cd ~/stm32/examples/FreeRTOS.mbed-trace
make clean
make -j4
sudo make deploy

3.2 Bug Identification using the Tracealyzer

The code seems to work just fine, but after close examination using the Tracealyzer tool we discover a bug. Just look at the figure below. Ideally, Task 2 (button press detection task) should not be CPU intensive, but in reality it dominates the execution trace and completely hogs the CPU. We createdย an energy draining monster! ๐Ÿ˜ฏ

Tracealyzer-BasicNow, we could use in-circuit debugger to pinpoint the problem. The root-cause is, however, apparent. The program busy waits in the while loop (line 1).

3.3 The Bugfix

The bugfix is very simple. Instead of busy waiting in a while loop, we add a delay to poll the status of the button every 10 ms (line 3). You may find the complete patched source code here.

while (1) {
   /* Wait press, probe every 10 ms */
   vTaskDelay(10 / portTICK_RATE_MS);

   /* Detect button press */
   if(pb == 1) {

      /* Debounce delay 10 ms */
      vTaskDelay(10 / portTICK_RATE_MS);

      /* Wait button release, probe every 10 ms */
      while(pb == 1)
         vTaskDelay(10 / portTICK_RATE_MS);

      /* Debounce Delay 10 ms */
      vTaskDelay(10 / portTICK_RATE_MS);

      /* Notify Task 3 */
      xQueueSendToBack(pbq, &sig, 0);

The improvement is remarkable (see the figure below).

Tracealyzer-ImprovedPreviously, the OS idled at less than 0.1%. Now, it idles at more than 99.9% and saves energy, not to mention, it’s environmental friendly.



You may try it out as well! ๐Ÿ™‚

cd ~/stm32/examples/FreeRTOS.mbed-trace-v2
make clean
make -j4
sudo make deploy

4. Instructions to Repeat the Exercise

To repeat the exercise on your home computer you have to build the FreeRTOS application (which includes a special trace unit).

cd ~/stm32/examples/FreeRTOS.mbed-trace-v2
make clean
make -j4

Next, deploy the binary onto the STM32F4-Discovery board via OpenOCD. It is important you use the latest OpenOCD version, which is not available in the official Ubuntu 14.04 LTS repository, so you have to build it from the source (described in the 1st section).

cd ~/stm32/examples/FreeRTOS.mbed-trace-v2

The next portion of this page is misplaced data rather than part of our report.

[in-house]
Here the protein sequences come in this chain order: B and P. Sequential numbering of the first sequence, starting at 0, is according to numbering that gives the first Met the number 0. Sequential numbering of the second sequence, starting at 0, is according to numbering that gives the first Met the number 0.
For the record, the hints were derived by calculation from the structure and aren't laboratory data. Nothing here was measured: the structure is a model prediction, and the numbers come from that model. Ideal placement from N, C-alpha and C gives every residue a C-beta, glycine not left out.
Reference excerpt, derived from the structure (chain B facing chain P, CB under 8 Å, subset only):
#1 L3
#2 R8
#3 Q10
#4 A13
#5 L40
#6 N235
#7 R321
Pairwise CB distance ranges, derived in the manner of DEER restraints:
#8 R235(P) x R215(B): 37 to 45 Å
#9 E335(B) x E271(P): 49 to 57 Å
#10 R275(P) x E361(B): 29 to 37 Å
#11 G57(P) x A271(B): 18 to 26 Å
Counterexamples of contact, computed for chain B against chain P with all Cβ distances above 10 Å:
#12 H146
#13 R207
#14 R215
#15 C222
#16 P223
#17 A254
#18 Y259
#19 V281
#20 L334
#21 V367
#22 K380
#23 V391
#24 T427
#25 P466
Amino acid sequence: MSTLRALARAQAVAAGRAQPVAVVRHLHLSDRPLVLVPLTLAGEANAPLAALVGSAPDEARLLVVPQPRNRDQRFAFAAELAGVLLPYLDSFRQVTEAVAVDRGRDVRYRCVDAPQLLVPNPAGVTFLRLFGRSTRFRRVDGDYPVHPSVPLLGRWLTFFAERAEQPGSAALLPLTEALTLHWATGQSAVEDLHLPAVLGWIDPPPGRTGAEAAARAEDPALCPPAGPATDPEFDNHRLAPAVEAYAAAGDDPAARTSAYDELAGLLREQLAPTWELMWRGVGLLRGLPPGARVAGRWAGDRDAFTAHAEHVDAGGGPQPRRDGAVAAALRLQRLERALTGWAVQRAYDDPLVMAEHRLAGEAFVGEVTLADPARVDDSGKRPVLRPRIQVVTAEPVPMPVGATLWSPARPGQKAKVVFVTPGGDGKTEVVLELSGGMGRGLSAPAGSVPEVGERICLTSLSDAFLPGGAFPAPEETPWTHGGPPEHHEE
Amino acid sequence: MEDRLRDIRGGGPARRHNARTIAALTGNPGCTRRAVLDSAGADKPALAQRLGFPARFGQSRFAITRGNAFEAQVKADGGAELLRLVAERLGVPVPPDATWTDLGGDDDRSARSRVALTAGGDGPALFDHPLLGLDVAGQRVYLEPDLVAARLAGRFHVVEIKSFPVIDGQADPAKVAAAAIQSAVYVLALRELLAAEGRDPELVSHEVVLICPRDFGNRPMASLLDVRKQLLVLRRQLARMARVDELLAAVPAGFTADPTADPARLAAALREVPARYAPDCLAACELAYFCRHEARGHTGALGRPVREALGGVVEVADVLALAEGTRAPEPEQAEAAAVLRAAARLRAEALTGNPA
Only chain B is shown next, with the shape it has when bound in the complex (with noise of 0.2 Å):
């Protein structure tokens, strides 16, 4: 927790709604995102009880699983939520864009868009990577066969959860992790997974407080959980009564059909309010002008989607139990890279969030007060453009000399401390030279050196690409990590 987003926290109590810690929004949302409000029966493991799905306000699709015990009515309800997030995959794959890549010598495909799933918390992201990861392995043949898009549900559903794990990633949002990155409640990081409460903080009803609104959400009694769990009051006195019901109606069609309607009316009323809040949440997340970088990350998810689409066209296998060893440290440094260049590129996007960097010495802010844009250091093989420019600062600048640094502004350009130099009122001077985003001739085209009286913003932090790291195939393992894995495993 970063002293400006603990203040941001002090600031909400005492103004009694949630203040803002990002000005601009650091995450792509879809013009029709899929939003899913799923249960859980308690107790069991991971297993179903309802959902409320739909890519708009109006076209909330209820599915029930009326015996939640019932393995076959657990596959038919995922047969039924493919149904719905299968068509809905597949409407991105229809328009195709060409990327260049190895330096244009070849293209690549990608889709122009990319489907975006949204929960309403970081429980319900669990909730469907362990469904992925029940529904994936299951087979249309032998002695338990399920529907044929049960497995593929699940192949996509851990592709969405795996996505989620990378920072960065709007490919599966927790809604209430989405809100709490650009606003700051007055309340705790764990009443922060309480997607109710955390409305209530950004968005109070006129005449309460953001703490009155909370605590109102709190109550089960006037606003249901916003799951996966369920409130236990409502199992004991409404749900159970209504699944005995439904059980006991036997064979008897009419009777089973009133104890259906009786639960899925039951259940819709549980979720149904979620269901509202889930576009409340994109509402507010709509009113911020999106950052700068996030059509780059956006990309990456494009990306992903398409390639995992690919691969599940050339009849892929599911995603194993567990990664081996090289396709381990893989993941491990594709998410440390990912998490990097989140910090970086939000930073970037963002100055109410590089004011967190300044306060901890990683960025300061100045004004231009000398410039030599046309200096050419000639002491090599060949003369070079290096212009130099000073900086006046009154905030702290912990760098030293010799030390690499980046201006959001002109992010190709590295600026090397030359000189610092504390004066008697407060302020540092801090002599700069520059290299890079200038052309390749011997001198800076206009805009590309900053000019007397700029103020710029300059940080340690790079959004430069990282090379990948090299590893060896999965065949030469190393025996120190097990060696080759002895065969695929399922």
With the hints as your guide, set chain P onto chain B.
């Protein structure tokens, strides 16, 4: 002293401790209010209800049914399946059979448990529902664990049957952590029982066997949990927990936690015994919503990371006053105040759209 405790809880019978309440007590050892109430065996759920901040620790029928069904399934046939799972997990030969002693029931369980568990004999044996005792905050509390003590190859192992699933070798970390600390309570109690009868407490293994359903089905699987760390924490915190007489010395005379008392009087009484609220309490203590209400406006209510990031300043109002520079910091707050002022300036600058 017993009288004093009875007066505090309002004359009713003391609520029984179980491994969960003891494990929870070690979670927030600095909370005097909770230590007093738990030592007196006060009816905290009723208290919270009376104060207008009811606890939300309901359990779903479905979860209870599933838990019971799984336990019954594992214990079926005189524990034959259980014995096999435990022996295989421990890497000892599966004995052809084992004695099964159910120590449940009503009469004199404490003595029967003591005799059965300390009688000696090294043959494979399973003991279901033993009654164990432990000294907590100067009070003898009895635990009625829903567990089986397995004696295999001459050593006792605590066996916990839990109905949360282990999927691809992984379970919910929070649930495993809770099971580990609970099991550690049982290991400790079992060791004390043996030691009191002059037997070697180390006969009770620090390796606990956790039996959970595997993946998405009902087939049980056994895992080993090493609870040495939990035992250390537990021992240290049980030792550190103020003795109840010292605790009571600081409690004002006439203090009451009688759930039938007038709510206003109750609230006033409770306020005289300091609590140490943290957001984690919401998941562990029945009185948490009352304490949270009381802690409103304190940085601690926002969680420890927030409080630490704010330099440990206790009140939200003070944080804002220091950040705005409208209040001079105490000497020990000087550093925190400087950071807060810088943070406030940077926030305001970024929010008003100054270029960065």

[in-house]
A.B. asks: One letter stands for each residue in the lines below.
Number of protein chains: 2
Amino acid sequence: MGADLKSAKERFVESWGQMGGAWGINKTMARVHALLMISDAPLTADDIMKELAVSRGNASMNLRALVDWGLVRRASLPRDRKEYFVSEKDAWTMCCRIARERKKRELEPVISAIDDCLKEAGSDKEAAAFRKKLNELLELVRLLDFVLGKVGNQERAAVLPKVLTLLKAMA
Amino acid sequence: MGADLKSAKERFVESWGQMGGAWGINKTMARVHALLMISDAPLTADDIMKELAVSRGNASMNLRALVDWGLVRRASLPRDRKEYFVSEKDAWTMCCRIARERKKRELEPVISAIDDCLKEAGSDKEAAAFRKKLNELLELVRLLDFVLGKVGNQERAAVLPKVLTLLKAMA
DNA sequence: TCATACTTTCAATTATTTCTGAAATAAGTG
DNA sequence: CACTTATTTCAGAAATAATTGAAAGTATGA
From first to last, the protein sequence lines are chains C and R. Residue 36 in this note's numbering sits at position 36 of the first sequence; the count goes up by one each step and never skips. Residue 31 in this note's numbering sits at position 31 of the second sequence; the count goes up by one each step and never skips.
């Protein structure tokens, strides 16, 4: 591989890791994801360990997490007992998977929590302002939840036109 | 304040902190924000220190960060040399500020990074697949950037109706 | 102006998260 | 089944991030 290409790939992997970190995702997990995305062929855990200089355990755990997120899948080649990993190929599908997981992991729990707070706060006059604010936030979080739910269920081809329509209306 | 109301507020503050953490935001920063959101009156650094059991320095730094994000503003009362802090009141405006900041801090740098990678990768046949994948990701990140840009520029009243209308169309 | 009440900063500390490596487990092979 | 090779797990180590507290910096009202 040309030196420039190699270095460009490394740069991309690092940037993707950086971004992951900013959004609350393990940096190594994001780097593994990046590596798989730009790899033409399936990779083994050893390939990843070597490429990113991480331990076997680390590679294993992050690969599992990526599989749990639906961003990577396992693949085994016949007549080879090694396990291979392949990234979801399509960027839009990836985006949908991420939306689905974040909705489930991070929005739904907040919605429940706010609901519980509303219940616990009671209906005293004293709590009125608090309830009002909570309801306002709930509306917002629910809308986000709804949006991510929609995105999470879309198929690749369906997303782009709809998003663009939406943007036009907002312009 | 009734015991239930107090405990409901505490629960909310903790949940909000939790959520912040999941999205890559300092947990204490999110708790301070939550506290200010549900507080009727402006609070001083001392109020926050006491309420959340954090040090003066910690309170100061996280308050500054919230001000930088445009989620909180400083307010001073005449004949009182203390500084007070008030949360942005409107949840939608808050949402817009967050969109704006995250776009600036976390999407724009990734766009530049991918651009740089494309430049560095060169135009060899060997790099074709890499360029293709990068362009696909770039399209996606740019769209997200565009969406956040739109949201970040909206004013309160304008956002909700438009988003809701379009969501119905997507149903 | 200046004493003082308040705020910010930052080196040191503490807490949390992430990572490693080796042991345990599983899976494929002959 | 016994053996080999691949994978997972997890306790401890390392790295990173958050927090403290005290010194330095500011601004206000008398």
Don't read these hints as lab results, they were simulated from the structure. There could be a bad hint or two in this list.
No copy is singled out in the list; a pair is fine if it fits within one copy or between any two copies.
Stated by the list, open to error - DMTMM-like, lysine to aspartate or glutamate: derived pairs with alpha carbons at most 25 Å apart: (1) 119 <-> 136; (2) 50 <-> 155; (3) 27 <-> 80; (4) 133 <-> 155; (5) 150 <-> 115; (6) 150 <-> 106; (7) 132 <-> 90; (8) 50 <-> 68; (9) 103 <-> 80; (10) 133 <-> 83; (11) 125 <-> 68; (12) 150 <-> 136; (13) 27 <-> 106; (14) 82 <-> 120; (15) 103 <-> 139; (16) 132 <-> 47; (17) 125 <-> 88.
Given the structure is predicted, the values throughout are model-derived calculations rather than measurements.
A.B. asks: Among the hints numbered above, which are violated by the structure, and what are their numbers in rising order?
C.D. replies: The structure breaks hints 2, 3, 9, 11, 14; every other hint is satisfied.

sudo /opt/openocd/bin/openocd -f \

In a separate terminal window connect to the OpenOCD instance via GDB. Then (i) deploy the binary, (ii) run the program, (iii) wait a few seconds, then halt the execution, and (iv) dump the memory.

cd ~/stm32/examples/FreeRTOS.mbed-trace-v2
# 1. Deploy the binary
(gdb) target remote localhost:3333
(gdb) monitor reset halt
(gdb) monitor flash protect 0 0 11 off
(gdb) monitor flash write_image erase /abs/path/to/outp.elf
# In my case the /abs/path/to/outp.elf is
# /home/iztok/stm32/examples/FreeRTOS.mbed-trace-v2/bin/outp.elf
# 2. Run the program
(gdb) monitor reset run
# 3. Wait a few second then halt the execution
(gdb) monitor reset halt
# 4. Dump the memory
(gdb) monitor dump_image /path/to/dump.bin 0x20000000 0x1FFFF
# In my case the /path/to/dump.bin is
# /home/iztok/dump.bin
(gdb) quit

The memory dump includes the execution trace information. Open the dump file in the Tracealyzer (File โ†’ Open…).

Tracealyzer-FromScratch5. Setup the FreeRTOS+Trace project in Less than 10 Minutes

5.1 Setup the Basic Project Environment

A new FreeRTOS+Trace project is easy to setup if you use my project wizard.

export PATH=$PATH:~/stm32/mbed-project-wizard
cd ~/stm32/examples

# Create a new project folder
mkdir trace
cd trace

# Generate a new FreeRTOS project template
# with mbed SDK mbed-freertos

Add the trace unit to the project’s lib folder.

cp -r \
    ~/stm32/freertos/FreeRTOS-Plus/Source/FreeRTOS-Plus-Trace \

ls lib/
# FreeRTOS FreeRTOS-Plus-Trace mbed README

5.2 Hook the Trace Unit onto the FreeRTOS

Follow the original instructions to hook the Trace unit onto the FreeRTOS.

  1. Hook the trace unit at the very end of the FreeRTOSConfig.h file (a complete example).
    gedit lib/FreeRTOS/config/FreeRTOSConfig.h
    ... line 163 ...
    #define configUSE_TRACE_FACILITY 1
    #include "trcKernelPort.h"
    #endif /* FREERTOS_CONFIG_H */
    ... EOF ...
  2. Start the trace unit at the very beginning of the main.cpp file (a complete example).
    gedit src/main.cpp
    ... line 20 ...
    int main(void)
       vTraceInitTraceData ();
       if (!uiTraceStart())
          vTraceConsoleMessage("Could not start recorder!");
    ... line 26 ...

5.3 Apply Two Hotfixes

Apply the hotfixes below to the trace unit and the Makefile. These hotfixes are STM32F4 specific and extend the original instructions.

  1. Hotfix 1: safely call the recorder from any interrupt service routine (a complete example).
    cd ~/stm32/examples/trace/lib/FreeRTOS-Plus-Trace
    gedit ConfigurationTemplate/trcConfig.h
    ... line 516 ...
    #define USE_PRIMASK_CS 1
    ... line 518 ...
  2. Hotfix 2: use Gnu99 dialect instead of C99 to compile C code (a complete example).
    cd ~/stm32/examples/trace
    gedit Makefile
    ... line 52 ...
    CFLAGS=-c $(MCFLAGS) $(DEFS) $(INCLUDES) -std=gnu99
    ... line 54 ...

5.4 Build and Deploy

See section 4.

6. Acknowledgements

I would like to thank Percepio for providing the Tracealyzer tool for FreeRTOS! ๐Ÿ™‚


About istarc

Embedded Systems Developer.
This entry was posted in Embedded Systems, STM32F4 and tagged , , , . Bookmark the permalink.

2 Responses to STM32F4 – On Hunting Bugs with a Profiler

  1. percepiodotcom says:

    Percepio are releasing Tracealyzer v2.7 in a few weeks at most. This version runs on Linux through Mono.

    • istarc says:

      Hi Johan! Even though the current version only runs on Windows, it is an invaluable tool for any embedded systems developer. I warmly recommend it and am looking forward to testing the upcoming version that runs on Linux. ๐Ÿ™‚ Keep up with the good work and best regards, Iztok.